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Torah Commentary
Chukat (June 27, 2015)

Jennifer Knobe,
Operations Manager,
Temple Emanu-El Skirball Center

IN THIS TORAH PORTION, God introduces the ritual law of the red heifer, whose ashes are used to purify those who are impure after being contaminated by a corpse. Miriam dies. The Israelites, bereft of water, despair that they are still in the wilderness. Even though God says water will emerge from a rock, Moses strikes the rock twice before it pours forth. Moses and Aaron are punished by not being allowed to enter Canaan. Aaron dies at Mount Hor, and Eleazar succeeds him as High Priest.

The red heifer is the ritual law that the Lord has commanded:
Instruct the Israelite people to bring you a red cow without blemish, in which there is no defect and on which no yoke has been laid. You shall give it to Eleazar the priest. It shall be taken outside the camp and slaughtered in its presence. (Numbers 19:2-3)

The instructions regarding the red heifer are arguably the most mysterious in the entire Torah. The red heifer presents a great paradox: The priest who is involved in the preparation of the heifer himself becomes impure through the process. Strange indeed. But that leads us to a greater puzzle. Why would God give us a law that no one can understand?

Moses raised his hand and struck the rock twice with his rod. Out came copious water, and the community and their beasts drank. But the Lord said to Moses and Aaron, “Because you did not trust Me enough to affirm My sanctity in the sight of the Israelite people, therefore you shall not lead this congregation into the land that I have given them.” (Numbers 20:11-12) With two swipes of his staff, Moses is barred from the one destination he tried to reach for 40 years. There are two views concerning the character of the sin that Moses committed at the waters of Meribah. Maimonides holds that Moses sinned in that he became angry and insulted the Children of Israel, saying to them: “Hear now, you rebels …” (Verse 10). Nachmanides, on the other hand, claims that Moses’ sin lay in the fact that he struck the rock instead of speaking to it as he had been commanded to do.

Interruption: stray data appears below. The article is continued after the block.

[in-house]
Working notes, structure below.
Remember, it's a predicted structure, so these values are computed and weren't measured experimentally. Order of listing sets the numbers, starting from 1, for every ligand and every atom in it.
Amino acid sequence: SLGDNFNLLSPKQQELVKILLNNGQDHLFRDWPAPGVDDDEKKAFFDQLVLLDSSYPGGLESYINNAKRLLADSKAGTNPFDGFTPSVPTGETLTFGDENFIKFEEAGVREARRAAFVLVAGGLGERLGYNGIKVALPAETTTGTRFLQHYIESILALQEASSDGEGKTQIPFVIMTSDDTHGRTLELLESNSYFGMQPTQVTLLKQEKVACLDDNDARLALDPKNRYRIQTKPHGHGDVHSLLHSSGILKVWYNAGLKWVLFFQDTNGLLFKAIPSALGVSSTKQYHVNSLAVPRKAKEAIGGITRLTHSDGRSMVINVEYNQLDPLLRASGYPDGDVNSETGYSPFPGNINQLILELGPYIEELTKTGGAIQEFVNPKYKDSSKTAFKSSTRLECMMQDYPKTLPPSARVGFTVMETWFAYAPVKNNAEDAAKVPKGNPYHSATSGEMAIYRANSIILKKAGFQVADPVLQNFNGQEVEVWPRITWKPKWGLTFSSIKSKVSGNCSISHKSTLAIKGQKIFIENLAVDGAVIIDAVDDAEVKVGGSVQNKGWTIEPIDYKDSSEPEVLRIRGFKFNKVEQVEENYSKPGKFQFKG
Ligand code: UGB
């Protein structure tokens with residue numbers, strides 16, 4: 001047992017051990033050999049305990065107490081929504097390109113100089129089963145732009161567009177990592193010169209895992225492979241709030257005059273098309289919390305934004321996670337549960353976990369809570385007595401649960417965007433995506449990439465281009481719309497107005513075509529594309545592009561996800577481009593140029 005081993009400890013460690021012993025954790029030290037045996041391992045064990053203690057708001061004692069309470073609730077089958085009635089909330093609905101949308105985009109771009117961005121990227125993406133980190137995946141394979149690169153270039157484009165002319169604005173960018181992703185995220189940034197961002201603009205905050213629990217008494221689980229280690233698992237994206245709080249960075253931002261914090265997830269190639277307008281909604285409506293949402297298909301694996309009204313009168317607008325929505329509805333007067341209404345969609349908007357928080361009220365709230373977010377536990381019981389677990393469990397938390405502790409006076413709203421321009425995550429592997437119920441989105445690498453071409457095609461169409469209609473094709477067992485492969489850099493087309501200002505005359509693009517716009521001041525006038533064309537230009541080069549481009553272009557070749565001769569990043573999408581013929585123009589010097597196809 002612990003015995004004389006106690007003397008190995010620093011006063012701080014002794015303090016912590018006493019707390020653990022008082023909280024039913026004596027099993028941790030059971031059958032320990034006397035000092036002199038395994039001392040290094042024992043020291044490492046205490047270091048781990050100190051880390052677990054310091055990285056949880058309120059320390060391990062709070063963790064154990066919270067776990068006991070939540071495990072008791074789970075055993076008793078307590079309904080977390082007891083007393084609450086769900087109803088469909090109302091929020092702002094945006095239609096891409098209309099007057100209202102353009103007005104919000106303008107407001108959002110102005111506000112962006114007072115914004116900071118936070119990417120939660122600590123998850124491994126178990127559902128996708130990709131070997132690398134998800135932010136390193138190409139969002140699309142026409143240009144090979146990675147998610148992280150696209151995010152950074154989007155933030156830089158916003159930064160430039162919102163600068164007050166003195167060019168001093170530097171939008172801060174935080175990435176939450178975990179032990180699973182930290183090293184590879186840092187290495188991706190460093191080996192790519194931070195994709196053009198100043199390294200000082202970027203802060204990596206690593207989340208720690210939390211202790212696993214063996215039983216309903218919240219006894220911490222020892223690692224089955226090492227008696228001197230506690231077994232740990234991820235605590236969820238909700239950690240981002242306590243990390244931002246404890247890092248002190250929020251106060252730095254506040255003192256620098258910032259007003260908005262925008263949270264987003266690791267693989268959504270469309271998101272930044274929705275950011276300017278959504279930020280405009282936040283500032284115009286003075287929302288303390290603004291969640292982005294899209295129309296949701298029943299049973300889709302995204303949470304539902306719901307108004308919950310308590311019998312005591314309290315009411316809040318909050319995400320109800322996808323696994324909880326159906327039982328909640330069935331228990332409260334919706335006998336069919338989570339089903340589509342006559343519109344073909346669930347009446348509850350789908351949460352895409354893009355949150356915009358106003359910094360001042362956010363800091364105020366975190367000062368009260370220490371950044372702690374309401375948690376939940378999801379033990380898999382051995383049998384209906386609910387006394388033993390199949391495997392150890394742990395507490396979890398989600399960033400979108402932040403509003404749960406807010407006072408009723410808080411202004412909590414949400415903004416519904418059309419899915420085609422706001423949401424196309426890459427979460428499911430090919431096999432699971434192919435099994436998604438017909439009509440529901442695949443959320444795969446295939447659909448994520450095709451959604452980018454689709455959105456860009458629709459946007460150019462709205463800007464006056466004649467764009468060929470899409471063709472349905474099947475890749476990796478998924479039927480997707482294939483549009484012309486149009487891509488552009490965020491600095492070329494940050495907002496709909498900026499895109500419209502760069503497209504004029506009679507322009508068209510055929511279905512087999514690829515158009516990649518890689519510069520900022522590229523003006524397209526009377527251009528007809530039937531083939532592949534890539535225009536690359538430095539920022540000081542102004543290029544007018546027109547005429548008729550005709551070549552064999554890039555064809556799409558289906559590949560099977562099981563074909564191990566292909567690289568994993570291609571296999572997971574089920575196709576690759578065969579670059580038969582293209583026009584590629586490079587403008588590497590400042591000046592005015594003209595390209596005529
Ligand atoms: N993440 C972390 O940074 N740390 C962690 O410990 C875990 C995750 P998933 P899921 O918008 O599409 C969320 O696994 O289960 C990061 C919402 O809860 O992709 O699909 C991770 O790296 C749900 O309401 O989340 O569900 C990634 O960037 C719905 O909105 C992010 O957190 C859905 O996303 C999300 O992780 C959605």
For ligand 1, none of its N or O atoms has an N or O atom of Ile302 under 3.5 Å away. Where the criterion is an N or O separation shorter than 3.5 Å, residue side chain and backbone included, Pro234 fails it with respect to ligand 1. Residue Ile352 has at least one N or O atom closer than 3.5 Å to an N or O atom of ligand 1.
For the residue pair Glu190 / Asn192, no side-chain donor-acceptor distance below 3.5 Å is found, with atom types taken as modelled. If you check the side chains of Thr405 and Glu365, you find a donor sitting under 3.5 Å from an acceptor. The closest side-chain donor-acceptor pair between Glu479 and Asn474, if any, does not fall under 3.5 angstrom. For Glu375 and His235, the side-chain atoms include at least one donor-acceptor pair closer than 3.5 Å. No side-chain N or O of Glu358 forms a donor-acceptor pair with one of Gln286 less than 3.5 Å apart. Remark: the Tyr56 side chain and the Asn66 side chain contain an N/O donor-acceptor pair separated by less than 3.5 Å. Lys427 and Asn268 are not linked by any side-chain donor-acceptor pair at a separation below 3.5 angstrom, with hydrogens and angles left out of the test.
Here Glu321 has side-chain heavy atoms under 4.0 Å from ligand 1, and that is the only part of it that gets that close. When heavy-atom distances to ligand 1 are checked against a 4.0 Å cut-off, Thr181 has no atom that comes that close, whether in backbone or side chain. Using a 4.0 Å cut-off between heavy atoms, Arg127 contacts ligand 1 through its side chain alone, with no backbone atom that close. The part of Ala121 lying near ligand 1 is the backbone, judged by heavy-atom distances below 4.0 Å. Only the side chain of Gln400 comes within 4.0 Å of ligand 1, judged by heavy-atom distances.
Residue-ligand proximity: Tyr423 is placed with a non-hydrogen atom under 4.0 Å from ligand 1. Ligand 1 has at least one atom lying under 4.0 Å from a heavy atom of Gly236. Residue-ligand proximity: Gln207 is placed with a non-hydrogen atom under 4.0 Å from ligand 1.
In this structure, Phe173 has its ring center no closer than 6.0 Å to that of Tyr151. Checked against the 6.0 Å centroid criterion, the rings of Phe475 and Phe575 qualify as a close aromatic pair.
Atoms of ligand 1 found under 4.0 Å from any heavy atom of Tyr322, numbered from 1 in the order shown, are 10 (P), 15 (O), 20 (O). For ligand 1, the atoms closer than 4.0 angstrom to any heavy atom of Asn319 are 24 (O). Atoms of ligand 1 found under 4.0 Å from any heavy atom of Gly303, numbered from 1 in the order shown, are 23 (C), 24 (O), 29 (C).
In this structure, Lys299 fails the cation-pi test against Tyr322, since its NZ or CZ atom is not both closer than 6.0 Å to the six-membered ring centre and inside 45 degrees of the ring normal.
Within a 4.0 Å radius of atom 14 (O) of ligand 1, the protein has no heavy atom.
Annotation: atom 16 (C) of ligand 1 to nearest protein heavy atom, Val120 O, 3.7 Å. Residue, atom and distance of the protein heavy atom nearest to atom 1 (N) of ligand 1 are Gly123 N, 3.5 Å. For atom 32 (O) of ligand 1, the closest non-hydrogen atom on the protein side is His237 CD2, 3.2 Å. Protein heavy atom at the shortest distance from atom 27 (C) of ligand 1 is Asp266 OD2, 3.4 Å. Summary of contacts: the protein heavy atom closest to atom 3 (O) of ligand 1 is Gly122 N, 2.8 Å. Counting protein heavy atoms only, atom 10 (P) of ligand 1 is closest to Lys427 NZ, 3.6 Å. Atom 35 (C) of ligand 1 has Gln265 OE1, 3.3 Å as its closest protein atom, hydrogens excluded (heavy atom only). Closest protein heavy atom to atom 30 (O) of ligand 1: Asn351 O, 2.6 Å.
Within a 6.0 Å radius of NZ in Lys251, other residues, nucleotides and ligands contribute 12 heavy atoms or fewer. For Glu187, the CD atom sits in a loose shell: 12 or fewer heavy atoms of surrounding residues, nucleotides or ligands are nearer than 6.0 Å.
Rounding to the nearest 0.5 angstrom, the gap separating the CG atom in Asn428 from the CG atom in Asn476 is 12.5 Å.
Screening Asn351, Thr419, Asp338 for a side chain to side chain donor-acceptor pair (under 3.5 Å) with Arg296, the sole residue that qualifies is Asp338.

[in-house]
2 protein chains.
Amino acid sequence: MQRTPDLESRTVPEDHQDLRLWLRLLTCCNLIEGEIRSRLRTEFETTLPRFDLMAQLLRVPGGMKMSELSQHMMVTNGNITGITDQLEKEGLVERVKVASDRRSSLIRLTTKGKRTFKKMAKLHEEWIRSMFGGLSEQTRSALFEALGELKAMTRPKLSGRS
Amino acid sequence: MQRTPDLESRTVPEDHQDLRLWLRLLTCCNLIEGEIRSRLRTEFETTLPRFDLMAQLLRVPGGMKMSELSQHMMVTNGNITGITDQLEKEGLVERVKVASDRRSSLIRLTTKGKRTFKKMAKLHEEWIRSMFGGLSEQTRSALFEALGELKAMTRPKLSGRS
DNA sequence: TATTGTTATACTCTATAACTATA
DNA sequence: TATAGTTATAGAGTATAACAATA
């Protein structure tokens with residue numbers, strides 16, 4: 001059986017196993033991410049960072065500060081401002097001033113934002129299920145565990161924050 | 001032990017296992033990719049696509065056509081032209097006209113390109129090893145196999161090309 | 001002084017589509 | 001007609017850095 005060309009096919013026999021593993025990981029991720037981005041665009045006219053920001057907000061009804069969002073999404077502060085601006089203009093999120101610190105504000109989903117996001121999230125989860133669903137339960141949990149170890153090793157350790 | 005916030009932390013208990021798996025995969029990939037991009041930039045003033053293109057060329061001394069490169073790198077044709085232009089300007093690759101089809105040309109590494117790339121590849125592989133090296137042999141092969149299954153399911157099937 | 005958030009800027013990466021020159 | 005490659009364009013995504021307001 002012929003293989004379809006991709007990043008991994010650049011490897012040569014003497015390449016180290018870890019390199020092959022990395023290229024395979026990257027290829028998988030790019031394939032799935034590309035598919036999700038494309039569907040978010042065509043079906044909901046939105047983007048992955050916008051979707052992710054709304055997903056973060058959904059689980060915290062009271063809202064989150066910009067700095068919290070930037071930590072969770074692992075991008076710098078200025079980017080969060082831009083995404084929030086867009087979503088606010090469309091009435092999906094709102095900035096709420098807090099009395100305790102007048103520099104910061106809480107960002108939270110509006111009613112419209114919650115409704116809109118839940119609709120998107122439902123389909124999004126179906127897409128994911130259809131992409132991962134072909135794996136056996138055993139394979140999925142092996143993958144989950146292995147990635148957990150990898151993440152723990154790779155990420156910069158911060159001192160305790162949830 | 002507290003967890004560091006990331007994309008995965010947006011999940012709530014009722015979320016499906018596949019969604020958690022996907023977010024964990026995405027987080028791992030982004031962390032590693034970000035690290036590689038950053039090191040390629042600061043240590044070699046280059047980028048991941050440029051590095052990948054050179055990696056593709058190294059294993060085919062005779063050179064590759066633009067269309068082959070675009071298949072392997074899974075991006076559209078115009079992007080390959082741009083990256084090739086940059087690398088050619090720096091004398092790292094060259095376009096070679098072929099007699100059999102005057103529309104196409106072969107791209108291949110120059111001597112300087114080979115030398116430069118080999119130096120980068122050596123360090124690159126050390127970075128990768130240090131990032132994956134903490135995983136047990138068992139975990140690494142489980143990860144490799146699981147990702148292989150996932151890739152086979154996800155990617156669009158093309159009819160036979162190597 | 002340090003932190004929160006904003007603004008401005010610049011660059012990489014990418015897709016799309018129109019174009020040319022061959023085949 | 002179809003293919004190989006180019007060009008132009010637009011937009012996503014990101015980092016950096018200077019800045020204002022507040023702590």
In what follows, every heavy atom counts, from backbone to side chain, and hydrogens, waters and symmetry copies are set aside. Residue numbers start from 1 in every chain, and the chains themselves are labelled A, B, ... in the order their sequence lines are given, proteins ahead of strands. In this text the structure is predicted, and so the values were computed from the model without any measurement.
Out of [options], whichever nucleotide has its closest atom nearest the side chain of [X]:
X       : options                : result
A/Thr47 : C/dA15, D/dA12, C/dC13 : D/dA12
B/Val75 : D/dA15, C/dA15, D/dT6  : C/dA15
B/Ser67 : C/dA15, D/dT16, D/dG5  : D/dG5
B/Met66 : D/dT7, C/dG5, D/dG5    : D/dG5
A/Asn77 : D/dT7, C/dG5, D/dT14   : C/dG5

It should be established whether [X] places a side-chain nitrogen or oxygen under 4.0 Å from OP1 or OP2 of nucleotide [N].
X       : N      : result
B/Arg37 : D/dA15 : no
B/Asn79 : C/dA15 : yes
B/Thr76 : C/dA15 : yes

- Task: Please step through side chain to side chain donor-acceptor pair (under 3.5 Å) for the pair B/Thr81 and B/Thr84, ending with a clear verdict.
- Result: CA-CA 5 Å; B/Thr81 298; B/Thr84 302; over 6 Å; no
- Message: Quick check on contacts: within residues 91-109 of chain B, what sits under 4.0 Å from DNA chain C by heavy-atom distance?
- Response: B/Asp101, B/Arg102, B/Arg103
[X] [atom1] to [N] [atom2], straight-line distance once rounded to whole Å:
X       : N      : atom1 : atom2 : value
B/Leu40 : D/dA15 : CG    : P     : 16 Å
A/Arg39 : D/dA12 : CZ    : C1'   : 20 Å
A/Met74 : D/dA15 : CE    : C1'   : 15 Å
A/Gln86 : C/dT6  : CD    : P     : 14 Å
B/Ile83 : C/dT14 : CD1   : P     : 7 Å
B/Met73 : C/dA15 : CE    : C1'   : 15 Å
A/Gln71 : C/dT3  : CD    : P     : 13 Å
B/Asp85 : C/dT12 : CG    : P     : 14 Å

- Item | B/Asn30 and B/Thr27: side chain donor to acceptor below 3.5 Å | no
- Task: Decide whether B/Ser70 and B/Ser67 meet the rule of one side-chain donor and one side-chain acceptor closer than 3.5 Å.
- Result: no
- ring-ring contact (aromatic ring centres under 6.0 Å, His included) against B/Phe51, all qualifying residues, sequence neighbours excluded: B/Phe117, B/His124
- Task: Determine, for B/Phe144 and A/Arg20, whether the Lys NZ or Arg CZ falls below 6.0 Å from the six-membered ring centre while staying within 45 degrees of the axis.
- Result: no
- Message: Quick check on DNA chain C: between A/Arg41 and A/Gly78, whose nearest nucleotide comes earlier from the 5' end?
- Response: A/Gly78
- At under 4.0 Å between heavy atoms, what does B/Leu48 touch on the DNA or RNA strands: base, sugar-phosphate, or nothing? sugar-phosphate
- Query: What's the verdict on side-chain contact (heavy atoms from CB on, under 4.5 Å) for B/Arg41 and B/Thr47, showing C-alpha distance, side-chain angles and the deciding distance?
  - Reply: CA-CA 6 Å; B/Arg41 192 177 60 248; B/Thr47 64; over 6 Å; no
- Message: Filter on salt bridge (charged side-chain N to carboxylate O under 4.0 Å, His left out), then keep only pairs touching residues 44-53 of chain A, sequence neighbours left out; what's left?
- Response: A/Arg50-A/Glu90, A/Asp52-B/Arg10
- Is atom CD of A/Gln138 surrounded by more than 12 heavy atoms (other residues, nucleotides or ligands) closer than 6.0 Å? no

According to Moses Maimonides, the main sin of Moses and Aaron was in the language with which they spoke to Israel: “Hear now, you rebels.” To be sure, many of the prophets of Israel spoke with sharpness in similar language. But here it was inappropriate because the children of Israel sought water, incontestably an urgent matter of life and death for a person. There was no reason to speak to them harshly.

While Moses’ frustration is understandable, even justifiable, he chooses the wrong moment to lose his cool — a time when the peoples’ desire is sensible and important. When we are at our angriest, is it common to express our exasperation at any given moment, or is it possible to keep enough perspective to lash out at a time when others truly are being unreasonable? By the time we’ve reached the “last straw,” is it conceivable to have some aspect of patience left?

Avivah Gottlieb Zornberg comments that Moses’s inability to stay patient at the waters of Meriva is a result of a lack of faith in God’s ability to redeem — which is strange, given that Moses is enraged at the Israelites for the very same reason. Sometimes, when we are frustrated with others, we feel that way because they are displaying the same kind of behavior that we show…or we fear that we might show.

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